it is important to remember, however, that all these impacts must be balanced against the environmental impacts of all other ways to get water. habitat destruction, species destruction, overdraft, seawater creep, and the various socioeconomic impacts associated with water politics...

that's the gist of the basics, issues-wise. know too that the field is very regulated. one plant under discussion had to get 5 federal permits, 12 state permits, and 7 local permits. that is a LOT of permits.

Friday, September 22, 2006


dayquil: love and hate

dayquil is GREAT, right? it makes your head work. it makes you functional. it makes it possible for you to get through a day of coldishness without collapsing. it's also very fun to be on with caffeine and alcohol when you're dancing.

BUT-T-T-T-- so this week i've had a series of really intense nights full of AWFUL dreams. long, vivid, disturbing, emotional dreams. i'm not getting very good sleep, and i'm remembering tons of each dream when i wake up. aside from the actual unpleasant feelings at the time of dreaming, this is resulting in additional problems as i try to go through my days with images from the dreams in my head. i've been depressed, emotional, and insecure all week. it's been bothering me and compounding as i've tried to figure out why... so i'm terribly relieved to have noticed this correlation.

dayquil. wow. bad.


if applied properly, success guaranteed.

i was at beatchurch last night with bex, b2, reagan, benchun, and nevada. we got there early and things were sloooow to get started. i doubt the evening ever got very crowded, but the beginning was particularly dead. neptune was playing some kind of blah mellow something-or-other, and the sound was a little too loud in the front room, so we went into the back room and sat around talking. 20 minutes later... i'm sitting talking to ben and b2; the other girls are standing behind us talking. suddenly, neptune kicks into a random unidentified new track. b2, ben, and i--still sitting down and talking--all start dancing at the same time. behind the boys i see bex and nevada do the same thing.

'twas truly magical.

this, i'm sure, says something very important and profound about the effect of bass on my friends. i'm wondering if this same thing would have happened with every other human everywhere? or is it just a specific subset of the population? could we do a test to find like-minded dancers in which we put a group of people together and the ones that start twitching when the bass hits get culled off and given tribe profiles?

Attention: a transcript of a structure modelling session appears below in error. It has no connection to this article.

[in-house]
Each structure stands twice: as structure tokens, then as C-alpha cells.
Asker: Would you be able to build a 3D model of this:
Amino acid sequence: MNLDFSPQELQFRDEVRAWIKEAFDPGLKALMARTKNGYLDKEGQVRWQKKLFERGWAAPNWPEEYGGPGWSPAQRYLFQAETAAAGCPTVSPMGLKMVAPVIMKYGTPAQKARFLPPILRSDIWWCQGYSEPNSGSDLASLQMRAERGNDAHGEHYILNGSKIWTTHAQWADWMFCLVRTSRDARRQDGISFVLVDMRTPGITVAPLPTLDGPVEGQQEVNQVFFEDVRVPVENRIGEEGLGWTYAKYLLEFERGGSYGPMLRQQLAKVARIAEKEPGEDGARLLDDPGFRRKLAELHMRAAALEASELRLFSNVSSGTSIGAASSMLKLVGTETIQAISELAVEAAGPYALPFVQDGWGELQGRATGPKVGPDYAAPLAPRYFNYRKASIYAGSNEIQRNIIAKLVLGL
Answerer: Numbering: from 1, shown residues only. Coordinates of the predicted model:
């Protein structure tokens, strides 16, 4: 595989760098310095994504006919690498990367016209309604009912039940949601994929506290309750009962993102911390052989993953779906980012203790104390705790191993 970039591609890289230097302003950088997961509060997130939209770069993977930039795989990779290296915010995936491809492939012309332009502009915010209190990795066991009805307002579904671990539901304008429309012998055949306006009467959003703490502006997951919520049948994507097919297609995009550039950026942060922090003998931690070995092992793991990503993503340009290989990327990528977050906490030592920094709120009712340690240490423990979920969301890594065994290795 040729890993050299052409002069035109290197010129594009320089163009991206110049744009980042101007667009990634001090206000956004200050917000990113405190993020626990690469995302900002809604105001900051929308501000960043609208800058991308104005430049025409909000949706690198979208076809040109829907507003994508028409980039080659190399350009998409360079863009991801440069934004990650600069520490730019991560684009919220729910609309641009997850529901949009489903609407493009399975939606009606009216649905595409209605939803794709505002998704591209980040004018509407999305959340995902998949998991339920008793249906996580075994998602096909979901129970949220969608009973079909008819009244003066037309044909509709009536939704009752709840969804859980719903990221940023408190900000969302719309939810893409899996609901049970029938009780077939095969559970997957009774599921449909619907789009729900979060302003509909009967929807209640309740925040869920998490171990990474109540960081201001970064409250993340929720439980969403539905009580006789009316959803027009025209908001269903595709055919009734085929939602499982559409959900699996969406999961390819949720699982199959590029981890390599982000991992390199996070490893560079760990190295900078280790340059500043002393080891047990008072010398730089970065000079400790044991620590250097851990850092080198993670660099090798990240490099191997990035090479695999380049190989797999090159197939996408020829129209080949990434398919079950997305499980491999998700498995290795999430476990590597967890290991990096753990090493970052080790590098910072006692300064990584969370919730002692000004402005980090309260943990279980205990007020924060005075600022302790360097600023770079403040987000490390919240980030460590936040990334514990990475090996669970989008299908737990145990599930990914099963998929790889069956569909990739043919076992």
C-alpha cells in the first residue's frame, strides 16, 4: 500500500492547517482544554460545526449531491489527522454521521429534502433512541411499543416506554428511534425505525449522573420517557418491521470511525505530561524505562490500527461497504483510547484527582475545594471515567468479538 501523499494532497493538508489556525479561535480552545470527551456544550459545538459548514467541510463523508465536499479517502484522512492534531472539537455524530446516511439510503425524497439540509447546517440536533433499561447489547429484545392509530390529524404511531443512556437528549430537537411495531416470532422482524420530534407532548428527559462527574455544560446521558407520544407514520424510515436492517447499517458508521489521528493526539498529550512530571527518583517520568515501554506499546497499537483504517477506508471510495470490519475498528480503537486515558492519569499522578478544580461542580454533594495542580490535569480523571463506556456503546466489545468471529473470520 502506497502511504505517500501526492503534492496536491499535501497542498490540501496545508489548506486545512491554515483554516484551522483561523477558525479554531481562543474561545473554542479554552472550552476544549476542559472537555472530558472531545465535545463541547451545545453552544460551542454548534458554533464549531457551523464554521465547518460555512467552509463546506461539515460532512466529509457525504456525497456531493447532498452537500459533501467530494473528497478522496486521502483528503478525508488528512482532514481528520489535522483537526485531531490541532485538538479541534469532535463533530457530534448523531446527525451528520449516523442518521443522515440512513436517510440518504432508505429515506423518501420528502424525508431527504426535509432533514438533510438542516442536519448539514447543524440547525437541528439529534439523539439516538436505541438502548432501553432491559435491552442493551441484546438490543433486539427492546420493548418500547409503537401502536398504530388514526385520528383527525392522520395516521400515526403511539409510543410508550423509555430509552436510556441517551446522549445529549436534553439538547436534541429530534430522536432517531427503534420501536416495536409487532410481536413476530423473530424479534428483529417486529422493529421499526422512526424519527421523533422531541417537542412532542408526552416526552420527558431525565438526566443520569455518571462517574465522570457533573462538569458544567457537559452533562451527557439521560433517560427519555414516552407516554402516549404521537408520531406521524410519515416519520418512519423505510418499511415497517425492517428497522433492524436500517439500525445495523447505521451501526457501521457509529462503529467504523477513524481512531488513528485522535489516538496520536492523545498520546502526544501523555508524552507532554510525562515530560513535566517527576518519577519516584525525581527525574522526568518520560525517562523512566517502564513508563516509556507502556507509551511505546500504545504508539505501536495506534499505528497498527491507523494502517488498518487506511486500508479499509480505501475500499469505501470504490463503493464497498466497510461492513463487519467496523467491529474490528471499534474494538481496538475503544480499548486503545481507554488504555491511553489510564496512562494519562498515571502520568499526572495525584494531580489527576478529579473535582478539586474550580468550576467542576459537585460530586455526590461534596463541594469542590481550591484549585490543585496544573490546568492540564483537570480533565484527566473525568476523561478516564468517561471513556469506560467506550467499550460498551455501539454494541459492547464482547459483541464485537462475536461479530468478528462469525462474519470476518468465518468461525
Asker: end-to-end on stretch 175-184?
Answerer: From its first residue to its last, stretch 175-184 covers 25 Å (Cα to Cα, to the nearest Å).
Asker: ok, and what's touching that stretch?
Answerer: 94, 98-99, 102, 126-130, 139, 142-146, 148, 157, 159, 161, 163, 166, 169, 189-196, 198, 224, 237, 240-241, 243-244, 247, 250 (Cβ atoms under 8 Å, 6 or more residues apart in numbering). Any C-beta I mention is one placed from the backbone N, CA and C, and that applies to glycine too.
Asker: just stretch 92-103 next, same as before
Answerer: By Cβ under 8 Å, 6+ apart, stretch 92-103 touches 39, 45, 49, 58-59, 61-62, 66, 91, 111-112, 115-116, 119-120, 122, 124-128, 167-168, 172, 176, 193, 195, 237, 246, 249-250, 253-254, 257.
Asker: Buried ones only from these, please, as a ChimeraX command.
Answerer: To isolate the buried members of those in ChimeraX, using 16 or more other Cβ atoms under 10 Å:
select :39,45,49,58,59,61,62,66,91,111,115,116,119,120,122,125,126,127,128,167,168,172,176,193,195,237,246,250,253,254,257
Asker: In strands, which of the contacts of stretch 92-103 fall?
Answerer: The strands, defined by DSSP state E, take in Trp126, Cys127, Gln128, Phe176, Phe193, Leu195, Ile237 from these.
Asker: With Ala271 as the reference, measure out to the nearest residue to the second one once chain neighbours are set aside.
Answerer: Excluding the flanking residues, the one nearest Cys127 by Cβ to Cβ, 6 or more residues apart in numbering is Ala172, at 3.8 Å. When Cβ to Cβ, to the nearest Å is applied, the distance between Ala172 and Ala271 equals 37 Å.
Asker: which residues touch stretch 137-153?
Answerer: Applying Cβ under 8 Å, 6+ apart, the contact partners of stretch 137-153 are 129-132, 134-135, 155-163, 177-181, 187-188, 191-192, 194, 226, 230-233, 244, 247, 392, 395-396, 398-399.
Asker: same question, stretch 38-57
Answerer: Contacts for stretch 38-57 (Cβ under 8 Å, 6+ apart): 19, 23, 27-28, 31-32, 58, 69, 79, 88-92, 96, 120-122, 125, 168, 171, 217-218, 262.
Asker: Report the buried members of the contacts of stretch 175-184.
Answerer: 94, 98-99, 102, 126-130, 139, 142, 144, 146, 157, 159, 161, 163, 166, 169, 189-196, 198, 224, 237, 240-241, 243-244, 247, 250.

i'm also curious if this can be used as proof that different genres do different things to different people.

oh, and if it can be used as proof that i have rad friends.

Monday, September 18, 2006


one year ago *this* weekend

was the *second* rodman sunrise at toxic beach.
and this time, we were smart enough to have some historians.


i'll just repost what i said in response to amy's notification on the date...

a million years ago and just yesterday... thanks for reminding. my body just sighed with slumped shoulders, which makes me think of all the change we move through in this town even as we seem to just keep on playing... that dj--the one who stole our collective heart--is mia. the location is no longer useable without stress. the crews and groups have shifted... that morning could and would never happen again.
after load-out was complete that morning, i went with alxndr, stephania, and tyler to breakfast, and then we drove over the golden gate to a hidden treasure alex knew about. after an hour or so of transcendent bliss, we drove down to a beach and watched san francisco through a fog-free set of afternoon minutes... we are the lucky ones...

Friday, September 15, 2006


on why i may or may not be a bad person